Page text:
Mind and Body

Why Covid-19 could give Conservative politics a huge boost in 2022

It’s set to be an intense year.

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Omicron has renewed people’s fear of Covid-19, while at the same time starkly surfacing our other embedded fearfear of change.

In looking at Google Trends, my research shows that at the end of 2021 people googled “fear of Covid” and “fear of change” at rivaling rates. This result projects an increasingly widespread omicron-driven fear accompanied by increasing and intertwined fear of change.

As they inextricably entwine, fear of change and fear of Covid-19 are foreshadowing a year of intense “fight, flight, and freeze.”

As a change management scholar, over the years a few simple clichés have sustained themselves. Generally, we hate change because it shakes up the status quo, predictability, and our naive sense of control. Clinical psychologist Carla Maria Manly says, “Our brains are hardwired to prefer routine and consistency.”

The pandemic has shaken up many of our routines, feelings or normalcy, and ability to maintain consistency. So as people continue Googling “fear of Covid-19” and “fear of change” at rivaling rates, we need to think about their impacts and how we can get out of this fear cycle.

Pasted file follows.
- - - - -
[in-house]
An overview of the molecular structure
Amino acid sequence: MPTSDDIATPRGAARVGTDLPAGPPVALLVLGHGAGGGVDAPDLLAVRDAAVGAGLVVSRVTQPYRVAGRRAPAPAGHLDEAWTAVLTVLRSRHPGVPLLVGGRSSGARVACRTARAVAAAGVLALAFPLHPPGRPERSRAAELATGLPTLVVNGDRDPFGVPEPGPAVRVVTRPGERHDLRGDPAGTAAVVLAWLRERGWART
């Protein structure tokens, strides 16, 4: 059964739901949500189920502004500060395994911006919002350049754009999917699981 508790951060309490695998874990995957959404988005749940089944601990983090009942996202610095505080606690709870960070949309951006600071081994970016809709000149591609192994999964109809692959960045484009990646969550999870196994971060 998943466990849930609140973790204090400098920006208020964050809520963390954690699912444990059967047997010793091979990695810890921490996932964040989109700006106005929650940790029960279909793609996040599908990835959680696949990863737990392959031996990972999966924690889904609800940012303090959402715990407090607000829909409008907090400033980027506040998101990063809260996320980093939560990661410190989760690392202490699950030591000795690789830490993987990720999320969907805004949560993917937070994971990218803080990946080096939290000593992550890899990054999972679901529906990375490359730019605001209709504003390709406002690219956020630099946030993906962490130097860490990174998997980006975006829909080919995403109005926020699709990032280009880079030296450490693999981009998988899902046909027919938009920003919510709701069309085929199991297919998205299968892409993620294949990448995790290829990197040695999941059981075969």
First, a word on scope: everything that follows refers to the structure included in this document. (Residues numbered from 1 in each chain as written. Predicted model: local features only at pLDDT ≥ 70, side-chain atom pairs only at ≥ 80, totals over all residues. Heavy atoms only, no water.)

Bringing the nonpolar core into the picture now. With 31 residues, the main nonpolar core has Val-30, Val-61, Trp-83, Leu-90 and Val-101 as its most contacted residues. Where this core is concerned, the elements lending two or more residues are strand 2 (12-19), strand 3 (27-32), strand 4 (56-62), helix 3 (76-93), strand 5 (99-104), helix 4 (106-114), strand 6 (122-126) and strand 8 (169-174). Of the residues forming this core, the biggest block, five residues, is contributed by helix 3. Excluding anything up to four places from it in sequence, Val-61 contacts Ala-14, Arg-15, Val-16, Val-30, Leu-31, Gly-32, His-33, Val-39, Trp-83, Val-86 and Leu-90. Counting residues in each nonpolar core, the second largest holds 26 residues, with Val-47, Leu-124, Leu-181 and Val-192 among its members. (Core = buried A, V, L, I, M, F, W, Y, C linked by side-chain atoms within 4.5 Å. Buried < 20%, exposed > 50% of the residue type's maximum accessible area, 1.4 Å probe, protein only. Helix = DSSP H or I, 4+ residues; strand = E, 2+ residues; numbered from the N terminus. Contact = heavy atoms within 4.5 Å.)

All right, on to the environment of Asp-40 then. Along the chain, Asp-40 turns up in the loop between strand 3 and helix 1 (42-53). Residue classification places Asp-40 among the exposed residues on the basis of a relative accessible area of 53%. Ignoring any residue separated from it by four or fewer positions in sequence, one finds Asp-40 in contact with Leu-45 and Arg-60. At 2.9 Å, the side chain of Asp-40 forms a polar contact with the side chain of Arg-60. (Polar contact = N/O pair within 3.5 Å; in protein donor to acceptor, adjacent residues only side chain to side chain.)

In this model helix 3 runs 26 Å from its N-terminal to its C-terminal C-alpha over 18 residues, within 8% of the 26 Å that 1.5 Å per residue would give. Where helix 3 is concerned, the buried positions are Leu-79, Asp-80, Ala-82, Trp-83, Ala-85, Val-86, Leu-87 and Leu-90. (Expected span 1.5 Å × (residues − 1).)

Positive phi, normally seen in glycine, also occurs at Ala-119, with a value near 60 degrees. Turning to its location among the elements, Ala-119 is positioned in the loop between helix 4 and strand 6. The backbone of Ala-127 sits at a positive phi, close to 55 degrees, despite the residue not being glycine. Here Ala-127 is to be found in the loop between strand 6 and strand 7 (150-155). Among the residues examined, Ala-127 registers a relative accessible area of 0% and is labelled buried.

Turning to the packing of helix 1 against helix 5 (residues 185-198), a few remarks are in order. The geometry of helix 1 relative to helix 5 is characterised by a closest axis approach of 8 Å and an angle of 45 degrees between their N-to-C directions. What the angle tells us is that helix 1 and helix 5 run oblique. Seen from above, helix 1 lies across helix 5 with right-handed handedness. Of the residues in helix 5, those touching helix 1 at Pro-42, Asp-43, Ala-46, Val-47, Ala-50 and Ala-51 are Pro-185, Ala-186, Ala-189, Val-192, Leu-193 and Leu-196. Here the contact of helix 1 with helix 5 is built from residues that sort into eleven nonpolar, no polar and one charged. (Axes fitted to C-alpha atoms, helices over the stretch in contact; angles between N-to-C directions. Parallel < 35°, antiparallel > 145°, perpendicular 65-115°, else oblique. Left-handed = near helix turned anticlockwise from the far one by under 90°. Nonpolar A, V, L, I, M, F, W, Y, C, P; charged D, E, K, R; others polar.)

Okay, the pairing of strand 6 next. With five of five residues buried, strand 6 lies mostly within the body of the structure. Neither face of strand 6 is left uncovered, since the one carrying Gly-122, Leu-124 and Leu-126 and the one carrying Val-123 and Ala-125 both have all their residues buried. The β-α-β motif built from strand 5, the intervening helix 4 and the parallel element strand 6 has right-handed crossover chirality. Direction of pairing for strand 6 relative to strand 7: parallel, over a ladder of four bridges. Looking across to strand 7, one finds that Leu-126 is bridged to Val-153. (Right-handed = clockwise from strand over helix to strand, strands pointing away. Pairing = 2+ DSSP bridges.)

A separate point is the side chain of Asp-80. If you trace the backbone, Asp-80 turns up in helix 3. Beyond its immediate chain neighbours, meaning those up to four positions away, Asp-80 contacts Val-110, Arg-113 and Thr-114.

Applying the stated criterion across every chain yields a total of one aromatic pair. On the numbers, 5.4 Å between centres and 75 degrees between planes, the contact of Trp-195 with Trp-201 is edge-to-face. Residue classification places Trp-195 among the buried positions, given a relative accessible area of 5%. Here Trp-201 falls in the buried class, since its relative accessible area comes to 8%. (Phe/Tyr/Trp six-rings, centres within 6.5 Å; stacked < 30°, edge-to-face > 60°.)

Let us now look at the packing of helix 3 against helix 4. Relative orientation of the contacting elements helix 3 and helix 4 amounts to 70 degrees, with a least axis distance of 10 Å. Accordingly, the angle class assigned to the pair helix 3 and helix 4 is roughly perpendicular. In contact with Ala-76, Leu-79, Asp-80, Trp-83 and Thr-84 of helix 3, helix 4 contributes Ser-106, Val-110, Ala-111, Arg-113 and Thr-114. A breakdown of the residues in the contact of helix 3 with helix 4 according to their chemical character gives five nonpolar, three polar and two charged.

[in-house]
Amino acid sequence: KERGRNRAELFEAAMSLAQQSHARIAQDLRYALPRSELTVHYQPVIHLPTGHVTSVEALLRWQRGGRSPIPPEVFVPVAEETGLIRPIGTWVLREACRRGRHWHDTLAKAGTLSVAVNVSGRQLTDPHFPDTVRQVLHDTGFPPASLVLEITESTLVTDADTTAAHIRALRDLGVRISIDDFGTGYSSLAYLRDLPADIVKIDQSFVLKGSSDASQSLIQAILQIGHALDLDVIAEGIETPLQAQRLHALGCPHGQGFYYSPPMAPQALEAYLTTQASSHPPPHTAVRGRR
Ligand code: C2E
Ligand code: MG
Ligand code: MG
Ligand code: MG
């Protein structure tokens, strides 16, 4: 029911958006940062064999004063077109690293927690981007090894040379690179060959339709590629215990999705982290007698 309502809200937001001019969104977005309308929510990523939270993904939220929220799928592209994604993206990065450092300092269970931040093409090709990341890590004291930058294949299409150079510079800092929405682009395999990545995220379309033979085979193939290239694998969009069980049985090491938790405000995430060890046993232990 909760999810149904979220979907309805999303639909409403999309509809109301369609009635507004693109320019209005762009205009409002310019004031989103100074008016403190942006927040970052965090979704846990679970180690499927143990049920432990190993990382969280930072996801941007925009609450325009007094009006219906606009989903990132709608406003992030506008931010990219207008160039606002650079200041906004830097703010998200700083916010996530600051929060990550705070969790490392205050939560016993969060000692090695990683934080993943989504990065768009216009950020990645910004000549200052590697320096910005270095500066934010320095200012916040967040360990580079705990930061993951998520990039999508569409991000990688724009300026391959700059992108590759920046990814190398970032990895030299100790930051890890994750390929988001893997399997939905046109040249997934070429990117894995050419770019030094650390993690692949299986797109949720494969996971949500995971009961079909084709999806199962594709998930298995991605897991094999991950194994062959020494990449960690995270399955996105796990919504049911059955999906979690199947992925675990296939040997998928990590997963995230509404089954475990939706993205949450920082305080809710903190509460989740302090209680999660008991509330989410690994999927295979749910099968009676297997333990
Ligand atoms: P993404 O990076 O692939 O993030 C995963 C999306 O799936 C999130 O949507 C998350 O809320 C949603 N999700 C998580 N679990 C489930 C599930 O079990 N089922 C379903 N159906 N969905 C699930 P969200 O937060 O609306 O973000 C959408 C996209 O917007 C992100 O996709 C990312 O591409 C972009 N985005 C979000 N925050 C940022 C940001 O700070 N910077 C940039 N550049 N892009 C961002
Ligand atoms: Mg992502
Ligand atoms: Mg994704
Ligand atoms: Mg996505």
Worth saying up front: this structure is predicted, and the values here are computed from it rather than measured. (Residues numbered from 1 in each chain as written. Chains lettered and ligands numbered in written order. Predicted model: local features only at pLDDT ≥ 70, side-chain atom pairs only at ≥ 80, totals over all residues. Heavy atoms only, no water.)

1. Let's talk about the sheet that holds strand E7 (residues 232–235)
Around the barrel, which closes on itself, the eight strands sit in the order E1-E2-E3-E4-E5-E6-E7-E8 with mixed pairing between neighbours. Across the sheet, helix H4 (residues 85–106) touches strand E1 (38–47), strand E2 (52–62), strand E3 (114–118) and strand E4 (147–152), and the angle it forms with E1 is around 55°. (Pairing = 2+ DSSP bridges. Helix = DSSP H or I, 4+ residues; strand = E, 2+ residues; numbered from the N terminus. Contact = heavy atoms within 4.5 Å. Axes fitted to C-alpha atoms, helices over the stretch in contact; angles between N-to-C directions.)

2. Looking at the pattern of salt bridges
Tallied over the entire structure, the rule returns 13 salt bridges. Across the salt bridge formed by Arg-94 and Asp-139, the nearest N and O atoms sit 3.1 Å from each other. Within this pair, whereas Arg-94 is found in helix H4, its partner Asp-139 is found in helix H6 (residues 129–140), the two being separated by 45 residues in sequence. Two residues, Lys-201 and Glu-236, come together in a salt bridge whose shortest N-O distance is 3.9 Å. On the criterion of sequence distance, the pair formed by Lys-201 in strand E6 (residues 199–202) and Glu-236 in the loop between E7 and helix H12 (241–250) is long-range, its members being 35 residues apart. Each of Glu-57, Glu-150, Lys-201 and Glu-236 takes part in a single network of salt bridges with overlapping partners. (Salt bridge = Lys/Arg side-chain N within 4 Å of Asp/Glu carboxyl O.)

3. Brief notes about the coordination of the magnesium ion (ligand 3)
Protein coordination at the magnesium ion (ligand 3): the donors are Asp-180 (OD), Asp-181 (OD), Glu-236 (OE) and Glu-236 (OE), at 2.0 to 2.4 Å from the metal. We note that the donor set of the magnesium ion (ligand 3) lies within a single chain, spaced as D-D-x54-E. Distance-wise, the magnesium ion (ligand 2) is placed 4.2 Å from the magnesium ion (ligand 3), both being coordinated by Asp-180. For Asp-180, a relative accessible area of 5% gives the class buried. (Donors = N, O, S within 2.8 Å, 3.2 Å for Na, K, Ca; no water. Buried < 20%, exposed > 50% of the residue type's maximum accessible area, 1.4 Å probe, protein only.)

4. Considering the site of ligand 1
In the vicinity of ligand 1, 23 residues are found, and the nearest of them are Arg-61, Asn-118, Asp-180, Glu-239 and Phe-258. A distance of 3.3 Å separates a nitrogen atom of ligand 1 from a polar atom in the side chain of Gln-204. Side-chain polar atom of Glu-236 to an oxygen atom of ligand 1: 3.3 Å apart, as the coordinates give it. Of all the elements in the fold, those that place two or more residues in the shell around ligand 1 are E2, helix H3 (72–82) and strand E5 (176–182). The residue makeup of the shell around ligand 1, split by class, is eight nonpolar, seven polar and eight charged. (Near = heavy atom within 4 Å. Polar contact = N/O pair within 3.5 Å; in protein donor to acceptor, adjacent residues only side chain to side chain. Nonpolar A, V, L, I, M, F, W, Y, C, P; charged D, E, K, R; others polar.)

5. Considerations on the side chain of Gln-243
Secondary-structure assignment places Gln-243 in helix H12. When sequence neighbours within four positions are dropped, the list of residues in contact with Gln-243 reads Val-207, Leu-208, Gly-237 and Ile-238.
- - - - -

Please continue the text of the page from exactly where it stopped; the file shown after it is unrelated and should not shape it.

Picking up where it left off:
Covid-19: Trying to control change

For a long time, we have been told to embrace linear, mechanistic thinking that teaches what happened before will likely happen again, and so old solutions work best for new problems.

Unfortunately, Covid-19 has turned that thinking on its head. We fear Covid-19 because of its befuddling failure to be controlled, the way it changed our lives, and the risk of illness and death.

An article published in Frontiers in Psychiatry, “Fear of Covid-19 Infection Across Different Cohorts: A Scoping Review,” put it succinctly by stating studies identified “various domains of fear related to the fear of Covid-19 infection.”

These included, “fear of oneself or their family members getting infected, fear of having economic losses and being unemployed, or fear of avoidance behaviors toward gaining knowledge about the pandemic,” as well as “fear of making decisions [about actions like] whether to visit parents or not, whether to look for information on death rates or not, etc.”

But perhaps it shouldn’t be so scary. If we think of Covid-19, we can flatten the fear with facts, and when it comes to change, consider how it's been around for billions of years.

Instead of trying to control change, we should take solace from organizational consultant William Bridges who looks at events in our lives more as psychological “transitions” than change, where we let go of how things were (endings) and enter a “neutral zone” of “creating new processes and learning” often feeling confusion and distress.

According to Bridges, beginnings involve new understandings, values, and attitudes. He’s offering a process for accepting that yesterday’s solutions, cultures, structures, and systems are no longer applicable — a means of letting go.